It might miss, but it wouldn't necessarily be noticeable.
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Old 10-27-2014, 10:13 PM
wtrskr wtrskr is offline
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Originally Posted by JimN View Post
#1, at the crank end of the engine? Do a vacuum test and if possible, leak-down, too.

Is the PCV hose connected to a cylinder runner, or the base of the throttle body? If it's connected to the runner, move it to the base of the throttle body (in the spacer). That cylinder can run lean because the PCV valve acts like a semi-controlled vacuum leak. You can test this by plugging the hose and trying to fog it- if it gets oil into the dry cylinder, you know what to do.

Pouring oil into the intake isn't a great way to fog- it's trying to drag the oil uphill. Better to use something that has lower viscosity.
Yes, it is the #1 at the crank end of the engine. The PCV hose goes from the flame arrestor to the valve cover on that side (passenger side). There is a separate vacuum hose from the Throttle body to the Map sensor.

A couple of years ago I had some issues and had done a compression test and a vacuum test. They both tested out well, though that could have changed since then. I've never done a leak down.

To tell you the truth I'm leaning toward dealing with this in the Spring because the battery is out and everything is ready to go for the winter. My garage could also start getting pretty cold for doing wrench work. Good to know it is something to look further into and, at the same time, there could be a reason the oil didn't get to that cylinder the last two times I winterized (#1 can run lean).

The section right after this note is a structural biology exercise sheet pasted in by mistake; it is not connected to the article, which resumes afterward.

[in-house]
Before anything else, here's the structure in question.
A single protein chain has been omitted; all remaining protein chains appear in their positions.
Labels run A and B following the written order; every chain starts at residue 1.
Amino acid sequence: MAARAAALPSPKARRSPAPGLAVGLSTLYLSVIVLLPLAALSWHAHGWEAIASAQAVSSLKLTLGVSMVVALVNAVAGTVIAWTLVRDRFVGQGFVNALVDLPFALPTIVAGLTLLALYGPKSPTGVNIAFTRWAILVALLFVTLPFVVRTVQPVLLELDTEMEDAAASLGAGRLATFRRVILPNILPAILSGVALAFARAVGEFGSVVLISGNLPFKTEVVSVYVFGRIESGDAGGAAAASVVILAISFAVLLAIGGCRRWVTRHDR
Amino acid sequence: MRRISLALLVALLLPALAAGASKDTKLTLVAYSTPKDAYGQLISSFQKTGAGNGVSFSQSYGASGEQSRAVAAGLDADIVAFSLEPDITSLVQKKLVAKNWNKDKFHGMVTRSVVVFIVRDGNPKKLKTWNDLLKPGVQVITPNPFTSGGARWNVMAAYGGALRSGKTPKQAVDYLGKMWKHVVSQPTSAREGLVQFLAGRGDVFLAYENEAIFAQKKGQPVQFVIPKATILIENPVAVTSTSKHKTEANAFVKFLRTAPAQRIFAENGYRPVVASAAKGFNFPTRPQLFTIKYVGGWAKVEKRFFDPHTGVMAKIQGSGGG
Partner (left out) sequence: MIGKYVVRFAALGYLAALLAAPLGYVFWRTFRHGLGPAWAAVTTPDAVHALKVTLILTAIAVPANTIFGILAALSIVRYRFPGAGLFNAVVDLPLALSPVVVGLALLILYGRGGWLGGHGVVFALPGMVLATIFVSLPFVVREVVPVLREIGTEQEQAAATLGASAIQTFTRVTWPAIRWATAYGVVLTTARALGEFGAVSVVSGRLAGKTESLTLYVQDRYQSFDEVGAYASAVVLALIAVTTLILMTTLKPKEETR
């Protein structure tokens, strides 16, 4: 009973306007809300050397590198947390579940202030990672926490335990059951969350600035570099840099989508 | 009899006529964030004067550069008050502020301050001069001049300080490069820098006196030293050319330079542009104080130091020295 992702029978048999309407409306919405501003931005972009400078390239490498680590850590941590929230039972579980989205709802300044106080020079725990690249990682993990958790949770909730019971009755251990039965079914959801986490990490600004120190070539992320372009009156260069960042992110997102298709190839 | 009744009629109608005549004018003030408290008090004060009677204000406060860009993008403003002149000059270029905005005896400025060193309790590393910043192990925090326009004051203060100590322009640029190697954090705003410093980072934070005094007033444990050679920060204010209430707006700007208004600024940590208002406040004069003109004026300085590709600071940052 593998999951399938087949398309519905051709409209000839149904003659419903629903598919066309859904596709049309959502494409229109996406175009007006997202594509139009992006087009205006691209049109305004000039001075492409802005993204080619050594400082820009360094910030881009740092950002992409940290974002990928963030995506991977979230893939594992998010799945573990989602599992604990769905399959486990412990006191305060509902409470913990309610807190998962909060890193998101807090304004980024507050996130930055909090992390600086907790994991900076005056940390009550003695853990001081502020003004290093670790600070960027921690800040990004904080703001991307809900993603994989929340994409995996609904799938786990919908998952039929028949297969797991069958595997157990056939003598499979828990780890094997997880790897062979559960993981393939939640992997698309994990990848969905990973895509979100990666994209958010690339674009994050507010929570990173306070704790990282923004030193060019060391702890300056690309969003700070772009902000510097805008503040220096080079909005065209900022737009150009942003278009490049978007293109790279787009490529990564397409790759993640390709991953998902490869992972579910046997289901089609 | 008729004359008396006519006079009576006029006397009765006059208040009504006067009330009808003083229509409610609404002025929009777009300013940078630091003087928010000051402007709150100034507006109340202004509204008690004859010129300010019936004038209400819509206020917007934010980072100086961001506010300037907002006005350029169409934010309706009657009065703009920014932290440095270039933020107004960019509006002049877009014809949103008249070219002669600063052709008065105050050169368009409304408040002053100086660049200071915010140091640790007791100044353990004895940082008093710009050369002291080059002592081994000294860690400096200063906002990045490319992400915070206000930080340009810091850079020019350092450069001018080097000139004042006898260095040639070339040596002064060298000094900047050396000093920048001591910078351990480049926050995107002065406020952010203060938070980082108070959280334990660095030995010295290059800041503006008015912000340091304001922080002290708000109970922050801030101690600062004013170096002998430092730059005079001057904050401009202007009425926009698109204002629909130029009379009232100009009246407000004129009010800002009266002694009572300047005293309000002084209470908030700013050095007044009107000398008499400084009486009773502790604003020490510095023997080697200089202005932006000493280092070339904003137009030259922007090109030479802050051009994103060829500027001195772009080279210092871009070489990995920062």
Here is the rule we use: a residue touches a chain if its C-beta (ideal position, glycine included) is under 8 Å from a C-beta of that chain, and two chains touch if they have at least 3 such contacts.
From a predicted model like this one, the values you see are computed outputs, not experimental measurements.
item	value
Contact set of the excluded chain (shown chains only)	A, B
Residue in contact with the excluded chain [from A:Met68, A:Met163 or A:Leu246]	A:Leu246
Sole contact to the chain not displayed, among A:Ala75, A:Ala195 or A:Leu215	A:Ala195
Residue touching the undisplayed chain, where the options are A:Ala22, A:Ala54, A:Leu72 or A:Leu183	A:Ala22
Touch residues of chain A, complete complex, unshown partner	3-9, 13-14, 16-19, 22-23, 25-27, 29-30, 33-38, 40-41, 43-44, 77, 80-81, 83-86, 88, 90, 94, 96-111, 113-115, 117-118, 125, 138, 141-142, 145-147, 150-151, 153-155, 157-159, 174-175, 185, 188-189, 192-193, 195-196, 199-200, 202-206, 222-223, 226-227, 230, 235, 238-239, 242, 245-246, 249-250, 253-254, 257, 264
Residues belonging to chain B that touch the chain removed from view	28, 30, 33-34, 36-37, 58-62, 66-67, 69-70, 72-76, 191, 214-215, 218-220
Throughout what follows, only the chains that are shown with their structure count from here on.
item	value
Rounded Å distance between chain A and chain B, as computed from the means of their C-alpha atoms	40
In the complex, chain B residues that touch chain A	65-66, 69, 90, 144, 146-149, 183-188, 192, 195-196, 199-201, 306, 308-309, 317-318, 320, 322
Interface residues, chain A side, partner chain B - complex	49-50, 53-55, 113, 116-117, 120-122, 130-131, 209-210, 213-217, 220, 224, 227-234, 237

Is it possible that using Sea Foam or something like that could clear things out if there is blockage?

Thanks for the tip on fogging.
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Old 10-28-2014, 06:45 AM
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Originally Posted by wtrskr View Post
Yes, it is the #1 at the crank end of the engine. The PCV hose goes from the flame arrestor to the valve cover on that side (passenger side). There is a separate vacuum hose from the Throttle body to the Map sensor.

A couple of years ago I had some issues and had done a compression test and a vacuum test. They both tested out well, though that could have changed since then. I've never done a leak down.

To tell you the truth I'm leaning toward dealing with this in the Spring because the battery is out and everything is ready to go for the winter. My garage could also start getting pretty cold for doing wrench work. Good to know it is something to look further into and, at the same time, there could be a reason the oil didn't get to that cylinder the last two times I winterized (#1 can run lean).

Is it possible that using Sea Foam or something like that could clear things out if there is blockage?

Thanks for the tip on fogging.
I would think about buying a spray can of fogging oil and pull the #1 plug, so that cylinder can be fogged. This would require re-connecting the battery and cranking the engine.

I don't remember Marvel Mystery Oil being particularly thin, which would seem to be causing the problem. Since gas has such low viscosity, it atomizes very easily and besides, the fumes are combustible, so it will still ignite and create power but thick oil won't make it to the cylinder if it has to go uphill. The angle of the engine makes a big difference, too. If you could position the boat so the engine is level when you do this in the future, the problem might disappear.
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Old 10-28-2014, 07:57 AM
wtrskr wtrskr is offline
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It is just interesting to me that the oil made it to all the other cylinders and two years in a row.

I'm wondering if I might be able to tell if anything is wrong by taking off that valve cover and spinning the engine by hand? Might I be able to see if that valve is lifting in the same fashion as the others?